Balarama is depicted as a young man dressed in blue garments who has a very fair complexion. He wears a single golden earring, only on one side called the kundala and his hair is tied back (Rao 1000). Balarama is sometimes depicted with two arms and at other times with four. He is shown holding his weapons of choice, a club and a plough in either hand. The club in the right hand symbolizes death and the ploughshare in his left hand is to signify the principle of time (Rao 1000-1001). If illustrated with four arms, Balarama holds his weaponry in two hands, a conch in the third hand and a discus in the fourth (Rao 1001). Holding a discus in the fourth hand is similar to the depiction of Visnu holding a discus or cakra in his hand as well. This similarity between the two depictions of the deities makes sense as Balarama is an incarnation of Visnu himself. The weapons belonging to Balarama may suggest why he is also regarded as the god of agriculture and farming. The Lucknow Museum in India is home to an ancient stone idol of Balarama that dates back to the second century B.C.. The ancient idol depicts Balarama standing with a great serpent acting as his hood behind him, while he is holding a plough in his hands (Rao 999-1000).
Balarama and his mother Rohini, were placed under the care and protection of Nanda Maharaja, the foster father of Krsna (Swami 40). At the age of one Balarama was brought to Nanda and Yasoda to be brought up with Krsna. The two of them grew up side by side, Krsna and Balarama partook in many adventures together. Both Krsna and Balarama hold great power, this is known from the stories of their childhood (Wilkins 222). One story in particular was when Balarama was in the woods with his peers, the cow herders. They requested Balarama to shake a fruit tree that belonged to a demon named Dhenuka. Balarama obliged and shook the tree to obtain the delicious fruit, but as he did Dhenuka emerges ready to attack him. With ease Balarama grabbed Dhenuka’s legs and swung him over his head. Dhenuka died instantly as he was thrown with such strong force.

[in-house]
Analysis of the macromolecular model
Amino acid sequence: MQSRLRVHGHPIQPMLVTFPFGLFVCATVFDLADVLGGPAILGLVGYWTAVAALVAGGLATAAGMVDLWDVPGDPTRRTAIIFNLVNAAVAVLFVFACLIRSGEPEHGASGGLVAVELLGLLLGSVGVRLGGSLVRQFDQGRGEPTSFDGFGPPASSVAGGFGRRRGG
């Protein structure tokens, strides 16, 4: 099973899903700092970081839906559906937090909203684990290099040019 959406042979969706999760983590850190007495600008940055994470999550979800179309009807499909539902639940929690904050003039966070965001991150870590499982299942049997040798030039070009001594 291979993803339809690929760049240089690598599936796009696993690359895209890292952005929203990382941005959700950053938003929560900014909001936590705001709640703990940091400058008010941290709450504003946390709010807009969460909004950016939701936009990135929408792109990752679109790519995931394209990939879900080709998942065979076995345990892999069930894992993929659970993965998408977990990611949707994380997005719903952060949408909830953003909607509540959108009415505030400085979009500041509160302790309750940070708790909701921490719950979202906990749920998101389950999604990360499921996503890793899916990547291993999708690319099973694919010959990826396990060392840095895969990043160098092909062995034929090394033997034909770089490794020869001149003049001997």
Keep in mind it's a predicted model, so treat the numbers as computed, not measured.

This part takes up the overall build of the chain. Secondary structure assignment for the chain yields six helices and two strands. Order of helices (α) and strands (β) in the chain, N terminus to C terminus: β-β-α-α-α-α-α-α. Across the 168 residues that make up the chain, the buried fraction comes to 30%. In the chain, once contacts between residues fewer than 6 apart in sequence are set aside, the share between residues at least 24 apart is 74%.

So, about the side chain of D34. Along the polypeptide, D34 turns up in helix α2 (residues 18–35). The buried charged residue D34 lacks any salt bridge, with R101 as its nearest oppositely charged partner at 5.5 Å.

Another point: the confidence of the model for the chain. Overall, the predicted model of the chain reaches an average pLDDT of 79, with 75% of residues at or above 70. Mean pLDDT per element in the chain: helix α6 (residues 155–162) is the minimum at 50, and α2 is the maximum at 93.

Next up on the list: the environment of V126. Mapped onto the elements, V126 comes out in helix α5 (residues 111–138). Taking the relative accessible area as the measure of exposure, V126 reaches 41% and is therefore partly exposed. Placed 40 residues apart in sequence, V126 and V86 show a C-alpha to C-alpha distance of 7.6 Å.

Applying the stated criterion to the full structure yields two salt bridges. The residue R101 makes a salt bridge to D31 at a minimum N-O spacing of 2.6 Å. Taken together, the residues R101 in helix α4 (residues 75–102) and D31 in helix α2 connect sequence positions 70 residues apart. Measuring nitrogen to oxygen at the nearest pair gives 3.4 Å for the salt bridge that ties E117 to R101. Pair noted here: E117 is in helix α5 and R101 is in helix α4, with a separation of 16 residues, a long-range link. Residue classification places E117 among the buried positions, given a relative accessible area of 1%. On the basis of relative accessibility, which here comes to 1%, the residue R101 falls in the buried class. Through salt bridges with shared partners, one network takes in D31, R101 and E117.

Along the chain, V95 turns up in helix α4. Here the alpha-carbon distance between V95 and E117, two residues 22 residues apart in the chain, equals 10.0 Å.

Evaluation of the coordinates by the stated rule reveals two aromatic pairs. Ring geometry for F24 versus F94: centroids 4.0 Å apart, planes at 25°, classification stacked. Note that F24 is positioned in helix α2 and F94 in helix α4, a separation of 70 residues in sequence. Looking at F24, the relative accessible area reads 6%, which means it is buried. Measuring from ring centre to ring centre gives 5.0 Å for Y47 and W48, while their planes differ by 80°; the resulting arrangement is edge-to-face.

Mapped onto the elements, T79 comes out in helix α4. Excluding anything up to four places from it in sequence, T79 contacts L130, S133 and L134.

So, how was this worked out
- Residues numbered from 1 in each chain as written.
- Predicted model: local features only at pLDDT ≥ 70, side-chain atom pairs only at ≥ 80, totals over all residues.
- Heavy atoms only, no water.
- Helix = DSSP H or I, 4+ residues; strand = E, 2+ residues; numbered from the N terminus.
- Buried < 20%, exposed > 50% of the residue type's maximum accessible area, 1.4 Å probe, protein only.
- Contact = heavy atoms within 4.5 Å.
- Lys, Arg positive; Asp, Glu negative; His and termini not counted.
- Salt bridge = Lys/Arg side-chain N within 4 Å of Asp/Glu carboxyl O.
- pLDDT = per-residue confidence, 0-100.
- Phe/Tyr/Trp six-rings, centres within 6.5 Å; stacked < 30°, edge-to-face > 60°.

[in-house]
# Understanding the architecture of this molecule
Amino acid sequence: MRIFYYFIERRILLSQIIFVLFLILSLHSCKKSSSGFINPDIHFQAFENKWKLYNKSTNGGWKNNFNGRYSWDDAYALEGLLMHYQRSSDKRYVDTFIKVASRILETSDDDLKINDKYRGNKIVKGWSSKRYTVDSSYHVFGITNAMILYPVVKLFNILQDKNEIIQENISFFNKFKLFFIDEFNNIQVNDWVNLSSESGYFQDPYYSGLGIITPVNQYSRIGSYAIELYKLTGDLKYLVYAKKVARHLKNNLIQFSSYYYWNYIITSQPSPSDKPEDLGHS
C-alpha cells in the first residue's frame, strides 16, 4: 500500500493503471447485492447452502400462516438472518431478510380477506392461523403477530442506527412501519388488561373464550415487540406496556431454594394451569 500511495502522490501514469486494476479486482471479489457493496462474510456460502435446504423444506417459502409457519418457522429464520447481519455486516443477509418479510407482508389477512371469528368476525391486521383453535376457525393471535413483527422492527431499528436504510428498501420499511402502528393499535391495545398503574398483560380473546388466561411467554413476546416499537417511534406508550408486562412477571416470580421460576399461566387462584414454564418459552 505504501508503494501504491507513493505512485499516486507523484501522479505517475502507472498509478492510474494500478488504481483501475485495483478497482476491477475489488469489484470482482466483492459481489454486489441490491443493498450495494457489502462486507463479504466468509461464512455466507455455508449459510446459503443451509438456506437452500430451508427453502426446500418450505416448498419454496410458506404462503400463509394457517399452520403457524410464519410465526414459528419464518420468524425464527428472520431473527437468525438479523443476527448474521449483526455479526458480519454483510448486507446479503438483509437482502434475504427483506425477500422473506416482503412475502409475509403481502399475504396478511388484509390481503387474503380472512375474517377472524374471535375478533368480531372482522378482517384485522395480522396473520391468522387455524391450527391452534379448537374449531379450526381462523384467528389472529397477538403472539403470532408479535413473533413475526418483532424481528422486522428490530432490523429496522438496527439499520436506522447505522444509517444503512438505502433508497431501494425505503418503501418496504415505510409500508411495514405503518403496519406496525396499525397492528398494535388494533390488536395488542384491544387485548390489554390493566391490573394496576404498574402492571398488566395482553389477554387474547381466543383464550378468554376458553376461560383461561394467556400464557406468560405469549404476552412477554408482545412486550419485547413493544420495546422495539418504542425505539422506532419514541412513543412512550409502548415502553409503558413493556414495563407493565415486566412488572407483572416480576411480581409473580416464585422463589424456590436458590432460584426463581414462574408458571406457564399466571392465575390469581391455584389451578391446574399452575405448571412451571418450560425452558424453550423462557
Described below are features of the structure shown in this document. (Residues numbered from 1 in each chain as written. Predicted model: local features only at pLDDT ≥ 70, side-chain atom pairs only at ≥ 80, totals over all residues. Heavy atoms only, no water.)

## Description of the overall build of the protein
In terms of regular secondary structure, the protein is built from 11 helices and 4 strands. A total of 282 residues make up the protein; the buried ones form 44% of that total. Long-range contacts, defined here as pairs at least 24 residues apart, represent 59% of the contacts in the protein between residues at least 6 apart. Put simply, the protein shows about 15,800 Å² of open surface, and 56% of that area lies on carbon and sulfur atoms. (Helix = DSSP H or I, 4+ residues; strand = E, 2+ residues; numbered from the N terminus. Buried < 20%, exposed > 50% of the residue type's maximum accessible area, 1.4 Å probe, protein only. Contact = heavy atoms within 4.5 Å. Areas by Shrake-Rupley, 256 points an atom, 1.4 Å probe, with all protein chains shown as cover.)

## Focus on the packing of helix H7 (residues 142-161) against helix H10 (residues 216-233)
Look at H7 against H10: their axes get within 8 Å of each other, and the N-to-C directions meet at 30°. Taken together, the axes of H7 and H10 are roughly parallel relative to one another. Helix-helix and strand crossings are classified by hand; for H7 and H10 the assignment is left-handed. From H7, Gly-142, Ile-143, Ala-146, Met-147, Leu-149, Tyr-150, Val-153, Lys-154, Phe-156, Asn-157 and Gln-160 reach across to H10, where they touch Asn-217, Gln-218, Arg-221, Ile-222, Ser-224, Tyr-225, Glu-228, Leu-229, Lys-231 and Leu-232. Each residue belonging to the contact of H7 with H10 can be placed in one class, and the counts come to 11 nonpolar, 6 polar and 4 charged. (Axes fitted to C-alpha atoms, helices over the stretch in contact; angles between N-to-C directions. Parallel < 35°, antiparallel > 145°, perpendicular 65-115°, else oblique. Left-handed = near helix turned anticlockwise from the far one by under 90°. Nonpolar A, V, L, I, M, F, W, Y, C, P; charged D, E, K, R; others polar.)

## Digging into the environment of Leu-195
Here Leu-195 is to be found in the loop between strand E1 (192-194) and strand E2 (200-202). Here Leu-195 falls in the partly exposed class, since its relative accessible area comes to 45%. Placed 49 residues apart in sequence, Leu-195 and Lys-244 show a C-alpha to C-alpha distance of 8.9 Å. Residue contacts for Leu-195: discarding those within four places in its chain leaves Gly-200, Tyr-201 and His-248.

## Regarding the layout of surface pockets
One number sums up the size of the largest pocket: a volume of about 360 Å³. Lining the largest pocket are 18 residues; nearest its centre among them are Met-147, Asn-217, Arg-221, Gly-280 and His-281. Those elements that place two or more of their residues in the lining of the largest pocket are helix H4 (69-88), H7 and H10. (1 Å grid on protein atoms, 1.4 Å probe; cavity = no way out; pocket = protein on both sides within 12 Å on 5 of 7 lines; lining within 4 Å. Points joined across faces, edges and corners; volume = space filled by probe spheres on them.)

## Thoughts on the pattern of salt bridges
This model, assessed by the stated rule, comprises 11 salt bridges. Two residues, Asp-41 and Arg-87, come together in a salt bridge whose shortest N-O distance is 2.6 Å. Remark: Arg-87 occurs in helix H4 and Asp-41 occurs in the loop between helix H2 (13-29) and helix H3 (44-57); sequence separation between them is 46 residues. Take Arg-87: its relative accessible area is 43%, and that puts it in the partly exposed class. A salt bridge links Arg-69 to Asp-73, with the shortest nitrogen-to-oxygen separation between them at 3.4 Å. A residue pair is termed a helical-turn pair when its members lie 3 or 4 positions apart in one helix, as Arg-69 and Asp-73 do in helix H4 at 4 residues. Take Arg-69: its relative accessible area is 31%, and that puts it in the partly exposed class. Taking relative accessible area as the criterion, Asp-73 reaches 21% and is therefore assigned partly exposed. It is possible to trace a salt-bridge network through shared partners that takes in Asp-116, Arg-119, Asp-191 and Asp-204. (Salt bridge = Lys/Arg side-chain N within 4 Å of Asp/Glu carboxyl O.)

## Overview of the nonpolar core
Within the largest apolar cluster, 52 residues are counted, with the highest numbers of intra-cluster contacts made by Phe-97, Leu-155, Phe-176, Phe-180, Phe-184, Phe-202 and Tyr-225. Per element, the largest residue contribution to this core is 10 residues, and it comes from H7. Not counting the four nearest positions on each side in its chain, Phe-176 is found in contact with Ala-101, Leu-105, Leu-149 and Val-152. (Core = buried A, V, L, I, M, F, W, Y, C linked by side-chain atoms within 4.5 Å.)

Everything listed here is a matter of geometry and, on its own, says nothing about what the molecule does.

After the defeat of Dhenuka, the boys spent much of their day playing in the orchard. A demon named Pralamba took the form of a young boy and joined the boys as they played. During their game, Pralamba requested Balarama sit on top of his shoulders, Balarama did as he asked and instantly, Pralamba ran off with him on top of his shoulders. Balarama began to panic as the demon had grown to an enormous size, Pralamba was now as big as a mountain. In fear, Balarama called to Krsna for help in hopes that his brother would come to his rescue. Instead of stepping in and defeating the demon himself, Krsna reminded Balarama of all the might and power he held. He reminded him of who he truly was and advises him not to fear the demon, as he himself is capable of much more. Balarama held what Krsna said to be true and unleashed his power on Pralamba. He squeezed the demon with just his knees and bashed his head with the might of his fists. In an instant, Pralamba was successfully defeated (Wilkins 222-223). This story shows that Balarama is an important deity who holds great strength. He too is an avatar of Visnu and holds immense wisdom and power.
References and Further Recommended Reading:
Rao, S.K. Ramachandra (2003) Encyclopedia of Indian Iconography: Hinduism – Buddhism – Jainism: Volume II. Delhi: Sri Satguru Publications.
Swami, A.C. Bhaktivedanta (1970) KRSNA The Supreme Personality of Godhead. Boston: ISKON PRESS.
Wilkins, W.J (2009) Hindu Mythology. New Delhi: D.K. Printworld (P) Ltd.
Related Topics for Further Investigation:
Noteworthy Websites Related to the Topic:
Article was written by: Deepika Anupindi (October 2018) who is solely responsible for its content.